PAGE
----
The other side of this counterfeit coin was the almost daily announcement of policy modifications (which should by law and precedent have originated from the RBI) from senior civil servants such as the Revenue Secretary. All semblance of RBI independence was dead and buried then.
Just when one thought it couldn’t get any worse, the RBI inexplicably stopped releasing statistics on the value of demonetised notes tendered – which it had been doing since the start of the program. In fact, the RBI has not released a comprehensive assessment even till today – a year later.
It is worth highlighting that the surreptitiously released measure (contained in its Annual Report at the end of August, as opposed to a separate announcement) of Rs 15.28 lakh crore (or roughly 99% of the Rs 15.44 crores stated as outstanding on Nov. 8, 2016) as the value of notes tendered is clearly stated as not being comprehensive. The RBI itself states it does not include the notes tendered at District Central Cooperative Banks, and is “subject to future corrections.”
The last remains of the RBI’s former standing were cremated in early January 2017, when it refused to honor the oft-repeated promise to accept notes from all citizens directly at RBI Branches till March 31, 2017. Though mythology suggests that a phoenix may yet arise from the ashes of the RBI’s former standing, it seems unlikely that the RBI can return to any semblance of its former glory in the foreseeable future. The profound tragedy is that it took less than one year to obliterate the entire respect and standing of the RBI, which it had built over more than 80 years of its existence. It is an irreparable loss to India’s democracy.
But what of the role of the other pillar of democracy? In any democracy, the judicial system serves as the last resort to hold people accountable, and to enforce the safeguards against the breakdown of democracy built into the Constitution. An excellent example of the actualisation of this constitutional role for the courts in India is the 1974 “Basic Structure” judgement delivered in the Kesavananda Bharati vs State of Kerala case – a judgement sometimes stated as the “case that saved democracy.”
In the case of Demonetisation, many fundamental legal and constitutional questions still linger. For example, under what law does the RBI have the right to limit the amount an individual can withdraw from her own account at any bank? Also, under what law can the RBI make certain notes legal tender in some establishments (petrol bunks) but not at others (grocery stores) at the same time?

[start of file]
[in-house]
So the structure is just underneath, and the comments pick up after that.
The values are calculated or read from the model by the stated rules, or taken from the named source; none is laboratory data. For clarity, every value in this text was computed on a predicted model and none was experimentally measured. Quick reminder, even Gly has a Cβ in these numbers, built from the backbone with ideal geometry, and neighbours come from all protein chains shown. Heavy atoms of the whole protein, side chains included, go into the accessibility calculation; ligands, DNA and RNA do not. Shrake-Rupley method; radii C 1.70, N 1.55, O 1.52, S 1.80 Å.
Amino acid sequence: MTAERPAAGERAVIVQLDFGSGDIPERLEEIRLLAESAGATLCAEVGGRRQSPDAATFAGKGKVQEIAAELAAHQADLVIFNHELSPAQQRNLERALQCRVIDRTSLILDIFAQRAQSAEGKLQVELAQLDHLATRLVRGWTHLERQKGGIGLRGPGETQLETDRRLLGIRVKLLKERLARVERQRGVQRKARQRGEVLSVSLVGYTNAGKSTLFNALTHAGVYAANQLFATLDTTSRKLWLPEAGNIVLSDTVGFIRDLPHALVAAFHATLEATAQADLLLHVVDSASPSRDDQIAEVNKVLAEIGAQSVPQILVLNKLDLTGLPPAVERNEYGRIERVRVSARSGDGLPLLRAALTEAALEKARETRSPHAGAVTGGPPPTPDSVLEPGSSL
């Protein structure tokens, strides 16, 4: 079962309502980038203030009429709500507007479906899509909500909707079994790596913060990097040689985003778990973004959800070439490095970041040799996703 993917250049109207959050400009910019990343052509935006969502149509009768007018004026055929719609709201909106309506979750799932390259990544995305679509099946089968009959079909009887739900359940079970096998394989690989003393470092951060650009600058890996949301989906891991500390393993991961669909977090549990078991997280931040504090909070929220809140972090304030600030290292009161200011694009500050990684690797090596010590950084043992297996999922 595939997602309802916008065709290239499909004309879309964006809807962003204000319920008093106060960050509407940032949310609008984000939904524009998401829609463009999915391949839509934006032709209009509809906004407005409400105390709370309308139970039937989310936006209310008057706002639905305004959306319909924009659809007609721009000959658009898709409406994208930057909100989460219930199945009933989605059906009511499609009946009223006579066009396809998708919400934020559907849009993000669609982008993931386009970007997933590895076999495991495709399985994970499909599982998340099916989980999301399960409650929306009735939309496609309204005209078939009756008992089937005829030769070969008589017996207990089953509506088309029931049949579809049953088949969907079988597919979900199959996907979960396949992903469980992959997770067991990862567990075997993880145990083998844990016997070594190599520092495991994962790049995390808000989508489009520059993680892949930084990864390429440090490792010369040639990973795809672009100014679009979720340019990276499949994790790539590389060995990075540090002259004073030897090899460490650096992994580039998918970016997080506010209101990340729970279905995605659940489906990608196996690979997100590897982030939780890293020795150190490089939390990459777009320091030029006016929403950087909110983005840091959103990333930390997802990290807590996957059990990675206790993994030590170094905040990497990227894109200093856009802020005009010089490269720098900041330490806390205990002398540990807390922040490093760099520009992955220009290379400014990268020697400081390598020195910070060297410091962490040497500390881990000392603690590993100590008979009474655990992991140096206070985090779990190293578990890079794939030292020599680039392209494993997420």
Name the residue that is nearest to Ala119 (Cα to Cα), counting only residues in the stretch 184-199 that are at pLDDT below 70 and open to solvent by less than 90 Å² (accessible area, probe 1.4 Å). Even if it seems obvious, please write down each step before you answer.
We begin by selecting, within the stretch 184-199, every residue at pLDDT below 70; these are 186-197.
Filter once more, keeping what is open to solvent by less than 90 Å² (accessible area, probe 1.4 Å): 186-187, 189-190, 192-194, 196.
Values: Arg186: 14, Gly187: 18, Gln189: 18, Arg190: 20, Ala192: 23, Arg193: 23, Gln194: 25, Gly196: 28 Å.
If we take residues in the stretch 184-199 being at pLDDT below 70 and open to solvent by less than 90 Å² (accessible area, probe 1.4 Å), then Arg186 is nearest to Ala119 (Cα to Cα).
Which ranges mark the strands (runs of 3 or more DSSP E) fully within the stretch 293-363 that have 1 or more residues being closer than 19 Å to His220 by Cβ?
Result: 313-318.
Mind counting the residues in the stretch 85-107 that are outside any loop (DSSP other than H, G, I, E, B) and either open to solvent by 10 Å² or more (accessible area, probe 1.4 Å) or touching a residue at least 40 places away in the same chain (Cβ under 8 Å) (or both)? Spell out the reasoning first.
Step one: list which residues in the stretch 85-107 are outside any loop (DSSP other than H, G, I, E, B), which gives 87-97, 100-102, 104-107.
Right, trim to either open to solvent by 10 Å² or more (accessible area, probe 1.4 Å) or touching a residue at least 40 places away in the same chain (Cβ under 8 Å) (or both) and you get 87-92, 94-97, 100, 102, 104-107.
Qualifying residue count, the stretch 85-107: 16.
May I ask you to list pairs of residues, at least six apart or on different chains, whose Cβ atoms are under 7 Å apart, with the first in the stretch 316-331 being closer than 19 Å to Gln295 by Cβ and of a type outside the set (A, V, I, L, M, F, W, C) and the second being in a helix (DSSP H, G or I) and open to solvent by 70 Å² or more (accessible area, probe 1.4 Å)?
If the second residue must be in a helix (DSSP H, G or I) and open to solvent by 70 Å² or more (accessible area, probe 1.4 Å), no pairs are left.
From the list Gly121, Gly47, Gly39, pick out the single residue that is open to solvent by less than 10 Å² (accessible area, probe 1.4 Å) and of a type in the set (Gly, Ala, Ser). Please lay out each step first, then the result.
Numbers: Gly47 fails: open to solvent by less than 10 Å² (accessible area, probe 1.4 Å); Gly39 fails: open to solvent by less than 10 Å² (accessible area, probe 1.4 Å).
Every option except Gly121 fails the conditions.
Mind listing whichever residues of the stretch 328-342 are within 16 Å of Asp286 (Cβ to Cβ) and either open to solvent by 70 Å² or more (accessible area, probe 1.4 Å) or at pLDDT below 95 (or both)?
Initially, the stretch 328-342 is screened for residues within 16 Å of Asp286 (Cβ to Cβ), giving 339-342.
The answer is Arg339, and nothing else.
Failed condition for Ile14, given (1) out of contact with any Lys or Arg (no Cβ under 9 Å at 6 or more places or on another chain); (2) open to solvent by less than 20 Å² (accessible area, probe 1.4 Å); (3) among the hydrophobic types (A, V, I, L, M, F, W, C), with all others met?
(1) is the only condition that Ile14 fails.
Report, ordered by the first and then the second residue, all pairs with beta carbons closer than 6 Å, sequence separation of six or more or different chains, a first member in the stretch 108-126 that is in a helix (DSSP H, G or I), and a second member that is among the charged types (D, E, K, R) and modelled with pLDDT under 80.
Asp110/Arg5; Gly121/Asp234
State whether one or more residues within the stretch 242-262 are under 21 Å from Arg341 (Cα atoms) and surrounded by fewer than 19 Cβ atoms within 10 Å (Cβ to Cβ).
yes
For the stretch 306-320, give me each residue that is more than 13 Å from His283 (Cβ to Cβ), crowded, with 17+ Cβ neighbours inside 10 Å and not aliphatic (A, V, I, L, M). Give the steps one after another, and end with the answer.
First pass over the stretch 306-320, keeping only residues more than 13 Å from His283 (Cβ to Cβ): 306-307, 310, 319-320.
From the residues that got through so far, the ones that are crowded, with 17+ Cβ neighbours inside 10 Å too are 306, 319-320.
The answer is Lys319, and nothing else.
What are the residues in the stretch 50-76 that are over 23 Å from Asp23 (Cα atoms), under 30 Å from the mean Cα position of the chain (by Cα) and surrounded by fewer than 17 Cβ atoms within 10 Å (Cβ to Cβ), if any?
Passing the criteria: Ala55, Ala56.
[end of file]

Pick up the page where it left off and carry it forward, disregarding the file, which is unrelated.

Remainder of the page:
Though these and many other issues are still unresolved till today, the courts refused to grant any interim relief, and instead allowed the program to go ahead unfettered. It is possible that after consideration, the courts may eventually declare one or more of the actions taken to be outside the scope of the constitution. But if that happens, it will surely be a massive case of “Justice Delayed is Justice Denied”, with respect to the many lives and livelihoods that were lost during Demonetisation.
And what of the role of the press – which has the unique responsibility of safeguarding democracy by holding the powers to account for their actions? With the notable exception of the online media, one can argue that the domestic press fell far short of holding anyone accountable for anything. The whole exercise will forever serve as a case-study for the alarming absence of any semblance of accountability in a contemporary democracy.
Many in the government, the civil service, and the RBI have engaged in a near-constant shifting of goalposts in a futile attempt to justify an indefensible program, leaving aside the many shattered promises such as the exchange period. Common citizens have done far more to expose these futile attempts at post-hoc rationalization than the established media institutions.
What makes this indictment of inadequacy damning is that people like James Wilson are neither professional economists, nor have they used any confidential or proprietary data. If adequate data for such analysis exists within published government sources alone, why have professional journalists and established media houses not done many similar analyses that would expose the government’s claims?
In summary, Demonetisation and its aftermath have negatively impacted the reputation and standing of every pillar of democracy, as well as of the established domestic media, and eviscerated the credibility of the Reserve Bank of India – formerly one of India’s most respected public Institutions. If November 8, the date of the declaration of this disastrous policy, does not justify categorization as one of the blackest days for democracy in independent India’s history, then what does?
Dr Palanivel Thiaga Rajan is the MLA from the Madurai Central Constituency and Secretary of the DMK IT Wing.
The views expressed in this article are the author’s own.